And how, due to we’d take our newfound knowledge and apply it to her beige-toned show, which may be the best piece of performance art in television history. Not because of the crafts or food or whatever, but for those moments where the real Martha would peek out from behind the TV mask, if only for a brief and brilliant second. Though we rarely watched together, Katie and I would take notes, and every afternoon before practice (we were highly motivated student athletes at a prestigious liberal arts university nestled in the foothills of Los Angeles) (jk clown college in Awesometown), we’d discuss the most notable bits.
For the most part, these highlights involved guests, both celebrity and familial. Martha, we quickly learned, was a sensual seductress and had a total ladyboner for Bryant Gumbel, a semi-regular guest who couldn’t boil a carrot to save his life. Whenever he was around she’d handle the knife just so, softly, coquettishly, before chastising him for burning the butter or not slicing the tomatoes in perfectly uniform fashion. Gumbel would nod and lean in, eager to learn whatever his mistress could teach.
This kind of thing, however, was all-too infrequent; more often than the semi-celebrity, Martha would host novice cooks, i.e. the daughters and nephews of friends and relatives. These shows were almost always awkward, since Martha was clearly doing someone a favor and couldn’t bring herself to affect anything above perfunctory tolerance. On one such occasion, Martha apparently agreed to interact with someone’s niece for a segment. Martha did her best to make small talk (“You plan on going to college someday?”), but gave up after the young lass asked if eggshells were part of the recipe. “No,” Martha answered, suddenly disgusted. “No, this recipe doesn’t call for shells.” When the girl’s segment was over, Martha smiled unconvincingly and patted her, coolly, on the arm. “So good luck with college,” she flatlined.
Then there were the fellow chefs. Martha never said anything outright but you could tell, there was only room for one cook in her kitchen. A particularly spectacular example of this came in the Fall ‘01 season, when a pretty blonde stopped by the show to talk about some damn thing. Martha decided the two should bake pies, then challenged her guest to a decoration-off, wherein each woman was to roll out her own piece of pie dough, hand carve decorative stars and leaves, and place said stars and leaves atop a freshly-filled pie. After carving about a dozen each, it was clear that the blonde was winning, at least, was giving Martha a run for her money; time was quickly called and Martha declared herself the winner. At this point, the blonde began committing decoration to crust. “Don’t put the stars with the leaves,” Martha snapped, eying the blonde’s haphazard work. “They don’t go.”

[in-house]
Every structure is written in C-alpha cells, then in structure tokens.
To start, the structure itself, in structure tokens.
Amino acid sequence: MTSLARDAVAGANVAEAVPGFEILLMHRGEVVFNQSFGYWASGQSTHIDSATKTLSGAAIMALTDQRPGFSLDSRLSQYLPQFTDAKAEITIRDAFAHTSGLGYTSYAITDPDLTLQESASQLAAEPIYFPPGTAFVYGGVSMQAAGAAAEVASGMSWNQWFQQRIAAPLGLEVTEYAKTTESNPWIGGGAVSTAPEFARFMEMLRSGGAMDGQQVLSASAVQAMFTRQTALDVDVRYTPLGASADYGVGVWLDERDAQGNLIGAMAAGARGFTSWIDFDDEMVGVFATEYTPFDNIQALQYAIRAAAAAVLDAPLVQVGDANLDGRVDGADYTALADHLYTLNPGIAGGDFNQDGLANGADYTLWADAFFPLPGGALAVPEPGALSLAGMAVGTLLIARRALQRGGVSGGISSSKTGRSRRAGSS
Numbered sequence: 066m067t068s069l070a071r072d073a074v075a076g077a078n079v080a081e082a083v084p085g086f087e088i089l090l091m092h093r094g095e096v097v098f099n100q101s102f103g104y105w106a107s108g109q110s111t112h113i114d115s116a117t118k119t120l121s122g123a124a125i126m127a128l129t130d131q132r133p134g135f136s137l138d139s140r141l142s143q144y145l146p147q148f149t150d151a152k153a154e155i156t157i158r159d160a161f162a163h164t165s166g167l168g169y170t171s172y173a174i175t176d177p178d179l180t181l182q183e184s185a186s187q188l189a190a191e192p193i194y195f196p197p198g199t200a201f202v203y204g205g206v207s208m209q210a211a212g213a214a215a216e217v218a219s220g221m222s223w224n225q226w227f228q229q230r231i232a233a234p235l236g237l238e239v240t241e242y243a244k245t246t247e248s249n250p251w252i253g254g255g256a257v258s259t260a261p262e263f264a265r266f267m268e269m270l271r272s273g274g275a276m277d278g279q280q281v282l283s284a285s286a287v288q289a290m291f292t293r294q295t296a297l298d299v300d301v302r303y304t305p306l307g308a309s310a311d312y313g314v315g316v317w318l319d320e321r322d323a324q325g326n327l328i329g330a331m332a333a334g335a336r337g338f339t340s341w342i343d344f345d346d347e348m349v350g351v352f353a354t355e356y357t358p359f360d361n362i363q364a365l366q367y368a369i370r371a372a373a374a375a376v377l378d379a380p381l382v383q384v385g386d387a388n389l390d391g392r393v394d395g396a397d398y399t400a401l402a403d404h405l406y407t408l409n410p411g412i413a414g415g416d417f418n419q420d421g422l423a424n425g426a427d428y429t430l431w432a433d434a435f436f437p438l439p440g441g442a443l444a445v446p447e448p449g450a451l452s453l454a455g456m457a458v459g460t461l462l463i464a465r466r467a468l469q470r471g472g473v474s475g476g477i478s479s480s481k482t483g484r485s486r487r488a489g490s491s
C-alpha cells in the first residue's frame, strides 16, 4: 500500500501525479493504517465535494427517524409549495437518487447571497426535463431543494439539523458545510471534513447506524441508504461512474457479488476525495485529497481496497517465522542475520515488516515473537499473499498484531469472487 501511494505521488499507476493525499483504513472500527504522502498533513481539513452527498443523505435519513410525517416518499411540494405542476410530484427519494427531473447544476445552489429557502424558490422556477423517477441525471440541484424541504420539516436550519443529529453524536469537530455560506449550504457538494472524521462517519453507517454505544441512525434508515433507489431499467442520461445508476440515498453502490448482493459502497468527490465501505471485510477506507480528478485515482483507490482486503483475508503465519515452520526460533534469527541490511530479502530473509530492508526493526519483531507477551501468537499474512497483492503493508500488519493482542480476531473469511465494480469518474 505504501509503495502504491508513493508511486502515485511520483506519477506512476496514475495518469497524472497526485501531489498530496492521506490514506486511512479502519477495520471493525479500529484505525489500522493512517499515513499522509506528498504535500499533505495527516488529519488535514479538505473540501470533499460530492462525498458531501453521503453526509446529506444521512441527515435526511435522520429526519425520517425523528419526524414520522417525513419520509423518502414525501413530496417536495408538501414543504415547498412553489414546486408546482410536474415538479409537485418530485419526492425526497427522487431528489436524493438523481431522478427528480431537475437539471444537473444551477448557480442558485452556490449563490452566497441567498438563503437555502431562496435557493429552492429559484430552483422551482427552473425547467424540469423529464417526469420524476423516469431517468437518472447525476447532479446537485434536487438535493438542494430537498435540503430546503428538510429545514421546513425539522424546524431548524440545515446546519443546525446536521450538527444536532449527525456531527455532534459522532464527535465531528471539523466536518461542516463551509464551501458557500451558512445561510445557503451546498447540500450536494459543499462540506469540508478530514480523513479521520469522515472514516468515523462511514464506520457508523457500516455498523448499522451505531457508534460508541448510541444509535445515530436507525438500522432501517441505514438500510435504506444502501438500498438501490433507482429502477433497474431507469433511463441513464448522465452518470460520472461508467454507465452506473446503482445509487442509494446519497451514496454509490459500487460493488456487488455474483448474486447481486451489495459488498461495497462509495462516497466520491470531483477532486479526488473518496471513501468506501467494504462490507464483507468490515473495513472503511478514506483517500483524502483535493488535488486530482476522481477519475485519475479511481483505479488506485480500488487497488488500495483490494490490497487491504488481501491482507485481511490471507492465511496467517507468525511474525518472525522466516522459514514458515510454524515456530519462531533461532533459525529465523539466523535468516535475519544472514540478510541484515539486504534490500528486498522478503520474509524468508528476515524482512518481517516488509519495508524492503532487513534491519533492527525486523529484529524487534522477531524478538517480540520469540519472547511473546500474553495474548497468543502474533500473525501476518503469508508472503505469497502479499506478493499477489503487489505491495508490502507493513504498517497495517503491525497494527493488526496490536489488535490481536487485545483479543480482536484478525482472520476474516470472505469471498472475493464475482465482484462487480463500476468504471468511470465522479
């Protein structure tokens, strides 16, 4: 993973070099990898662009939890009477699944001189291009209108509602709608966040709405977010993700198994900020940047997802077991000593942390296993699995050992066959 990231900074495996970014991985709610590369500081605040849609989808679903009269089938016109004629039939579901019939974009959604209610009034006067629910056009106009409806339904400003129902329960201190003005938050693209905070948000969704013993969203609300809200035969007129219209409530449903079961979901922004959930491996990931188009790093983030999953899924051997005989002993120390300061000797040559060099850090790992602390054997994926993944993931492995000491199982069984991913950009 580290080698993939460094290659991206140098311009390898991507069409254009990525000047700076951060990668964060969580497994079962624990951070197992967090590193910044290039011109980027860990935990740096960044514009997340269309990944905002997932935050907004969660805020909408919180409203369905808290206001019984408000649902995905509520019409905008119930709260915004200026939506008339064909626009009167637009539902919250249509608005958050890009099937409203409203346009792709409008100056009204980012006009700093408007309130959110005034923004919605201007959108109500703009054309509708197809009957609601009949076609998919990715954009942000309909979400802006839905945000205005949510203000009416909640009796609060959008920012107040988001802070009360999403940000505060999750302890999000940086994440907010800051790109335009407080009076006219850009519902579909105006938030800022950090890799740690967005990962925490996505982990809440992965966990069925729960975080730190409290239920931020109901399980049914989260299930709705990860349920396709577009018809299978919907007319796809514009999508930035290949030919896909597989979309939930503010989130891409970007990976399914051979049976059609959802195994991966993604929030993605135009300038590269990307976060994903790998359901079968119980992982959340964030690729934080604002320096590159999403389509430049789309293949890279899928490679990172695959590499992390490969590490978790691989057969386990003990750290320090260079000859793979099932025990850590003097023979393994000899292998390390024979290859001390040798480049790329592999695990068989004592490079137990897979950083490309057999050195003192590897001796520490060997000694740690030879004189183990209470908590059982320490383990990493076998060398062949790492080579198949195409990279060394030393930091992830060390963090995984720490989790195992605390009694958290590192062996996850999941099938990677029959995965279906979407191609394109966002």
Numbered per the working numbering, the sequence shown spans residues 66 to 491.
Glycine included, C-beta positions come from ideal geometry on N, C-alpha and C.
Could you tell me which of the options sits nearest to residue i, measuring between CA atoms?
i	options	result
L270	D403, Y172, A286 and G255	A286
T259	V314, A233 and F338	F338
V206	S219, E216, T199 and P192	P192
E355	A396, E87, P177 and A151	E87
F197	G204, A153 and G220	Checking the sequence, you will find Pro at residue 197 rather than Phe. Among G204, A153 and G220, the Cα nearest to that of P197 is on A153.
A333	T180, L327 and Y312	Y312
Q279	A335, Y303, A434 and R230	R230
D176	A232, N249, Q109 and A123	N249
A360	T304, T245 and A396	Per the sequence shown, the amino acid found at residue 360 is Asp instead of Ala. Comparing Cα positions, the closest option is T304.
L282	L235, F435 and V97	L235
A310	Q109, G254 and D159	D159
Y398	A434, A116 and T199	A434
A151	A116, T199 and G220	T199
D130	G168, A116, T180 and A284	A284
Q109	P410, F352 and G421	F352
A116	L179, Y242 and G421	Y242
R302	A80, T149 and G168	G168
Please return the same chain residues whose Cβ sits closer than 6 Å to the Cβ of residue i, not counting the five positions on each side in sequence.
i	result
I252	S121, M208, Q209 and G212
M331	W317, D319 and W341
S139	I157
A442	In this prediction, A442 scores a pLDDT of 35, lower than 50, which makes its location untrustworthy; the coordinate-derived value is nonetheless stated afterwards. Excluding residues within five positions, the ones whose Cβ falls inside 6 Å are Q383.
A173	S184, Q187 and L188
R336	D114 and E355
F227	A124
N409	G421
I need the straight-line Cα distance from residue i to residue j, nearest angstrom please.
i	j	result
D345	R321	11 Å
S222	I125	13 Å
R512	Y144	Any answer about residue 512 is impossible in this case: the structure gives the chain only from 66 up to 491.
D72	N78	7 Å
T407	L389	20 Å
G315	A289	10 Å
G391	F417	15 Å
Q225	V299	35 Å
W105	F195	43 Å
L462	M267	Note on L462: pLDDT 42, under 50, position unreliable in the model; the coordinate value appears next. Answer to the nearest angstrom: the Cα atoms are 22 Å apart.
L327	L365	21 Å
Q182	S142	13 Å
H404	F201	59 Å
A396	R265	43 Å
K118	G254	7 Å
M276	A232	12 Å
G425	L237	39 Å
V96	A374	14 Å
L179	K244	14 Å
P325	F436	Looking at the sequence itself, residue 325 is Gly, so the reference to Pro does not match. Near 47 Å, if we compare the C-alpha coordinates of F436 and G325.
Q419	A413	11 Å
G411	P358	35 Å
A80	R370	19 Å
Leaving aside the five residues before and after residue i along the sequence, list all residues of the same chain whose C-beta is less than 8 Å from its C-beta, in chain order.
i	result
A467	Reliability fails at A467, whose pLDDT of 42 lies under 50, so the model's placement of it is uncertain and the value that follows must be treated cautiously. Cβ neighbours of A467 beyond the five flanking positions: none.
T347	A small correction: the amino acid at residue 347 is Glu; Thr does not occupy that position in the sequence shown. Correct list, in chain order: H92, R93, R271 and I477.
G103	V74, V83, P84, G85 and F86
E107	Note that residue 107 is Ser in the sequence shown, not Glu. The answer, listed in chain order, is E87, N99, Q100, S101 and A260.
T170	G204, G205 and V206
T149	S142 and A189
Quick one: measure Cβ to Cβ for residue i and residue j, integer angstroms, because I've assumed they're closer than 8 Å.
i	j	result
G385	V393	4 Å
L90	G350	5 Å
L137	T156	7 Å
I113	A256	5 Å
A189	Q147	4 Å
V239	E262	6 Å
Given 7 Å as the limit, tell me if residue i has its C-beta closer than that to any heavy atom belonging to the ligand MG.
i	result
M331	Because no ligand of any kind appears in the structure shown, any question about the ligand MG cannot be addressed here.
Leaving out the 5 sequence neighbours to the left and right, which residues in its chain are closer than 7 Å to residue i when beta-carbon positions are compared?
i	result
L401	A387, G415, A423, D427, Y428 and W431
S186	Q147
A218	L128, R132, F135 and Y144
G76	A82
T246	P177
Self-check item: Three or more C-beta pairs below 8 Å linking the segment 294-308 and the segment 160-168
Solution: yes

But the best shows, the most fun shows, were her holiday specials. Of course she did Thanksgiving and Christmas but the clear winner, as far as Katie and I were concerned, was Halloween — the masochistic undertones fit the series nicely. In the 1999 Halloween installment, for example, our girl dressed up as a sexy (yet classy!) witch. Right before commercial, and just after blanketing some ridiculous caramel apple thing in wispy strands of “spider webs,” the camera panned up. Martha lifted her left hand and motioned to her right shoulder, on which perched a sparkly, doubtlessly hand-made spider toy. “You’re really going to enjoy these delight-ful caramel apples,” Martha promised, pronouncing, as always, her interior Ts. “Even lit-tle beau-ty thinks so.”
Later in the show, she threw a “party,” complete with bubbling cauldron and bloody parts and a gaggle of fidgeting children. Martha tried to convince said children –the progeny of various cameramen and producer-types– that they were, in fact, drinking blood and eating cookies made out of real fingers. The children slowly lowered their treats. “Oh, you’re not scared, are you?” Martha asked. “Good!” she cackled, before any of the wide-eyed creatures could make so much as a squeak. A few awkward minutes passed. “So scurry off into the night,” she finally demanded, at which point the children quietly shuffled off-stage.
In conclusion, being an anti-fan is the same thing as being a fan except funnier.